Page last updated at 16:11 GMT, Tuesday, 13 October 2009 17:11 UK

Husband 'murdered' Vodafone boss

Sally Sinclair (from Hampshire police)
The attack was witnessed by children, the court heard

A Vodafone executive was stabbed more than 30 times by her husband because she had told him she was seeing someone else, a court has heard.

Sally Sinclair, 40, was killed in the "ferocious" attack at the family home in Amport, Hampshire, in August 2008.

She was head of business analysis at mobile phone company Vodafone's world headquarters near Newbury, Berkshire.

Alisdair Sinclair, 48, formerly of Georgia Lane, Amport, denies murder at the trial at Winchester Crown Court.

The jury heard the couple's marriage had been strained for months over Mr Sinclair's "controlling and reclusive behaviour" which had left his wife with no bank account of her own, despite being the breadwinner.

The court was told he flew into a jealous rage at the news she was seeing someone else and attacked her with several knives in the kitchen of the luxury detached home they rented in Amport.

'Simmering resentment'

On the day of the alleged murder, 16 August 2008, Mr Sinclair was supposed to have responded to a divorce petition from his wife of more than 20 years.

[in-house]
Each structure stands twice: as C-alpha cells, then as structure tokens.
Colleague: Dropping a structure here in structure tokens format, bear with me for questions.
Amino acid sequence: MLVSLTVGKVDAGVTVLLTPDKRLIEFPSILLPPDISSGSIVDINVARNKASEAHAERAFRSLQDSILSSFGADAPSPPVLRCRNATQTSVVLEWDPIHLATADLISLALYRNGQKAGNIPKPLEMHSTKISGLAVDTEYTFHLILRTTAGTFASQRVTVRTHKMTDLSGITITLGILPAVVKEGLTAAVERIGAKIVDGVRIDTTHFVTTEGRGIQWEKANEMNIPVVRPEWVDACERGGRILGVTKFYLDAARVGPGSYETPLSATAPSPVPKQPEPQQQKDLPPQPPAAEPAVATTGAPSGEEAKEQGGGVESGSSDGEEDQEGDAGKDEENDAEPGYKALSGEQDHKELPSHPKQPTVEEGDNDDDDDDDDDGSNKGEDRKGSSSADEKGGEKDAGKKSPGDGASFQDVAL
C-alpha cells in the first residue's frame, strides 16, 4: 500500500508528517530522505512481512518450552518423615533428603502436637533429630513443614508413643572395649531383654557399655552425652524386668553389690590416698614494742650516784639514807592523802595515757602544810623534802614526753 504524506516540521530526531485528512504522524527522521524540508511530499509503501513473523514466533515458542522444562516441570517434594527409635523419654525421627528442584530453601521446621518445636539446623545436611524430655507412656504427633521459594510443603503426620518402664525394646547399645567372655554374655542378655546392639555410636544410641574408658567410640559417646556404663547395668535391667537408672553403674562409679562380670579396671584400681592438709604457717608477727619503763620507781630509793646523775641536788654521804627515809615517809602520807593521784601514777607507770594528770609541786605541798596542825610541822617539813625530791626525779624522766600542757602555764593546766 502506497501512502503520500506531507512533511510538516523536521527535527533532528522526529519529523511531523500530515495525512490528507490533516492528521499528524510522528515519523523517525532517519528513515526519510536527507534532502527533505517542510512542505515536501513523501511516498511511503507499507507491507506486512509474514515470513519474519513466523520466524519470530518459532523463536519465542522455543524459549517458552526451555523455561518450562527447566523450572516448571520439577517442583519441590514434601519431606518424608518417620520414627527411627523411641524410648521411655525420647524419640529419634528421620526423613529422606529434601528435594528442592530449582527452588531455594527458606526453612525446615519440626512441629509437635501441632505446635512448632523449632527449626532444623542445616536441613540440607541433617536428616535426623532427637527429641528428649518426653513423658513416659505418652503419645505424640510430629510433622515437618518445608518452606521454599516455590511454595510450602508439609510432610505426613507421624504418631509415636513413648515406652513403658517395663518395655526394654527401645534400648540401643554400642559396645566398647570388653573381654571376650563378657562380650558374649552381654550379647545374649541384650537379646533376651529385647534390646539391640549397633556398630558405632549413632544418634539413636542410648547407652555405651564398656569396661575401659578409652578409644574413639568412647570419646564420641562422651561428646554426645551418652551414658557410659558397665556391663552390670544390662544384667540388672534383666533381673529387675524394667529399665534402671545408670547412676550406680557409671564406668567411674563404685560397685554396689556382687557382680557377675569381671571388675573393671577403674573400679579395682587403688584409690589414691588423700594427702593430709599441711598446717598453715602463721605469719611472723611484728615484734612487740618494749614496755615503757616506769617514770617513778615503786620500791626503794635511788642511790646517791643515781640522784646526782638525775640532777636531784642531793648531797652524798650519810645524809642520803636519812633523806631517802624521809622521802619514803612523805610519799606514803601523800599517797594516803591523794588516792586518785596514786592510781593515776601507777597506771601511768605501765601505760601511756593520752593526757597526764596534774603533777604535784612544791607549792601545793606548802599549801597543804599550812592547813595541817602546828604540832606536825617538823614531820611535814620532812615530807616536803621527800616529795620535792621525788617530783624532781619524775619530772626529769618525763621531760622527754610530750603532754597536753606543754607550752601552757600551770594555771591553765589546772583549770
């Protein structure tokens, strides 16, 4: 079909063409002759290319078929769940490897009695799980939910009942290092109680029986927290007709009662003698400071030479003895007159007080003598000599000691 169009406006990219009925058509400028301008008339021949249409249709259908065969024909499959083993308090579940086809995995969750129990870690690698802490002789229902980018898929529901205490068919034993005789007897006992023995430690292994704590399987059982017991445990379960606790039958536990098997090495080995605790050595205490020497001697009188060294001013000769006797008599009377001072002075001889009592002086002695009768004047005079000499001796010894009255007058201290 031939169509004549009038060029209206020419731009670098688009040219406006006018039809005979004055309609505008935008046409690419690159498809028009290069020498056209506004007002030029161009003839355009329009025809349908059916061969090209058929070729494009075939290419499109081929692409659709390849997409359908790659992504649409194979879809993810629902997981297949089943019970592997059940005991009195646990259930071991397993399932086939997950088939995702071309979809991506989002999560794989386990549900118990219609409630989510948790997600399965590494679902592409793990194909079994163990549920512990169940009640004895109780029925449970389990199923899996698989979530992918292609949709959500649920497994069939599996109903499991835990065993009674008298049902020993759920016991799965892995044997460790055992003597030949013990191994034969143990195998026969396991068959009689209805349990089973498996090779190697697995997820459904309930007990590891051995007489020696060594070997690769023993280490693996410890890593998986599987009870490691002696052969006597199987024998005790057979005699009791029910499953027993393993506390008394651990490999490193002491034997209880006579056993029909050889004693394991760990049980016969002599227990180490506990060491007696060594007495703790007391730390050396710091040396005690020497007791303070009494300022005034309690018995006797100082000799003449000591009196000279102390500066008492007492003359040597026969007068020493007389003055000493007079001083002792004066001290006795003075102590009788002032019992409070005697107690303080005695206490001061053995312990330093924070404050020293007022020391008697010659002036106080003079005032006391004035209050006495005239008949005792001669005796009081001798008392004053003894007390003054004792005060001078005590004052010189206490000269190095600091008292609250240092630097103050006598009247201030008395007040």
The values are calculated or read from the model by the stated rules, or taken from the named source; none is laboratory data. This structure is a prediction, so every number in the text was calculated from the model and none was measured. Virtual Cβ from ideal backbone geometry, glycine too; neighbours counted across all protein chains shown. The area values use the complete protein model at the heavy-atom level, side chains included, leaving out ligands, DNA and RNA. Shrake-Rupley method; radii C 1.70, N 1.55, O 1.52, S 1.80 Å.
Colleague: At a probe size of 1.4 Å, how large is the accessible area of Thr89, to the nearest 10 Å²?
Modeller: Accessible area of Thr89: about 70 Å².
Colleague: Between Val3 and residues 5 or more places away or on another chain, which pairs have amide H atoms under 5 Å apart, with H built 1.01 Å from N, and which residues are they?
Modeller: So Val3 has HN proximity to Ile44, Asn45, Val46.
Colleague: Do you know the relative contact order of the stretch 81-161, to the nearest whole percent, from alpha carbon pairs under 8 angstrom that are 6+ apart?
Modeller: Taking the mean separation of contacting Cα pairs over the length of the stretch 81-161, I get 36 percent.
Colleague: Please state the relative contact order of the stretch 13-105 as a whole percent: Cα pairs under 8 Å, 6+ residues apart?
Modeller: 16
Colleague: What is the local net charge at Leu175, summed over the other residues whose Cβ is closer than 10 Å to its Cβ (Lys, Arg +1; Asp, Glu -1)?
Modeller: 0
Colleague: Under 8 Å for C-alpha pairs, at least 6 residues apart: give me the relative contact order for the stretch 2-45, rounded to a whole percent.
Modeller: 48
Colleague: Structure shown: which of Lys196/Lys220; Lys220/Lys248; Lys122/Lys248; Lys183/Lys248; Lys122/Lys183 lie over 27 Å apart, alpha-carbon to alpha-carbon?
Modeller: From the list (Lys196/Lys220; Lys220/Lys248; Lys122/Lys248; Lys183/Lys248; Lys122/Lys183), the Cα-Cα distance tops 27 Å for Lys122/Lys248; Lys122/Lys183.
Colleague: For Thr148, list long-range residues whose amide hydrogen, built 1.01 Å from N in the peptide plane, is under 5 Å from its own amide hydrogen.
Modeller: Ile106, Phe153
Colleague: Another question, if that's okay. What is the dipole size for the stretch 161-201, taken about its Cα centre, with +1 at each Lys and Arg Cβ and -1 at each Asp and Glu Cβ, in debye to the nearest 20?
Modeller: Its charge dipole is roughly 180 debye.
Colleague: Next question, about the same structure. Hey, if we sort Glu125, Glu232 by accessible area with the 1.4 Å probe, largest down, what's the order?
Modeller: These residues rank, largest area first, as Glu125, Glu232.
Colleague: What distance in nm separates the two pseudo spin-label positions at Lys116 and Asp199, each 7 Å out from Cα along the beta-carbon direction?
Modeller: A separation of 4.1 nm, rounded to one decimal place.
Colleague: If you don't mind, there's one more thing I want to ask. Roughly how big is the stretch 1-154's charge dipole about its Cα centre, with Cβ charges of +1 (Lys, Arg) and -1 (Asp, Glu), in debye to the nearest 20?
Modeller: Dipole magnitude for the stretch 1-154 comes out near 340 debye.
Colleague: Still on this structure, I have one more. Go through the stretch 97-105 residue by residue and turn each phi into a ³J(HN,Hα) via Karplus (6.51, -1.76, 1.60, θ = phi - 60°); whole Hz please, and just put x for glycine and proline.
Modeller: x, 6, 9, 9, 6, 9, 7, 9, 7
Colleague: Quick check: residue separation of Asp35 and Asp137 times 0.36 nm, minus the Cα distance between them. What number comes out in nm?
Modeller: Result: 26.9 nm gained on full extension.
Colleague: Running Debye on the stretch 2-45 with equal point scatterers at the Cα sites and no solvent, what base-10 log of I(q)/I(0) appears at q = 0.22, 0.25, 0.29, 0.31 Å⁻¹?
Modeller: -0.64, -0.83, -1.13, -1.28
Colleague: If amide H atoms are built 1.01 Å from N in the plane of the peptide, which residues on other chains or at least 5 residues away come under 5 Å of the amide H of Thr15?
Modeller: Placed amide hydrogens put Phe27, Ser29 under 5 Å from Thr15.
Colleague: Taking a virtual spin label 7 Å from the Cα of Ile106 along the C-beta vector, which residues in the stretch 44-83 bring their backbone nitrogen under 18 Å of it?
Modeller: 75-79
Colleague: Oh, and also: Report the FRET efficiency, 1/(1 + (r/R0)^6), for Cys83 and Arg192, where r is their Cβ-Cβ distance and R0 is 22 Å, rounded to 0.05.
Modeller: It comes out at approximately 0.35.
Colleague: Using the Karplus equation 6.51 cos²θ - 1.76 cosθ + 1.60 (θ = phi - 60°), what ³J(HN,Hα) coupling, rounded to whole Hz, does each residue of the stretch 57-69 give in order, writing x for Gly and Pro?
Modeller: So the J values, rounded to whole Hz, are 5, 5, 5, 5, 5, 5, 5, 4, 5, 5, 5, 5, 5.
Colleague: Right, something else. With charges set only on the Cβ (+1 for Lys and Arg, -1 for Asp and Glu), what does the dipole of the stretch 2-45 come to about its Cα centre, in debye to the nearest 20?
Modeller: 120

The attack was partly witnessed by children, who cannot be named for legal reasons.

One child told police that Mr Sinclair stabbed his wife several times.

Another child who saw the attack had shouted: "Nobody has to get killed," at the pair, who were both seen brandishing knives at each other, the court heard.

The businesswoman was heard to say as the attack continued: "Alisdair, please do not do this. I will stop all this happening. Please do not do it."

Mr Sinclair replied: "It's too late for that now," the jury was told.

Christopher Parker QC, prosecuting, said: "Sally Sinclair wished to leave her husband. He could not bear to let her go.

"He had some simmering resentment and frustrations together with some suspicions that brought him to breaking point."

Mr Parker told the jury that Mr Sinclair had told police he had acted in self-defence as his wife had attacked him.

But the barrister told the court: "This had nothing to do with lawful self-defence.

"The evidence shows a sustained, ferocious and utterly one-sided assault upon his wife, who was terrified."

The trial continues.

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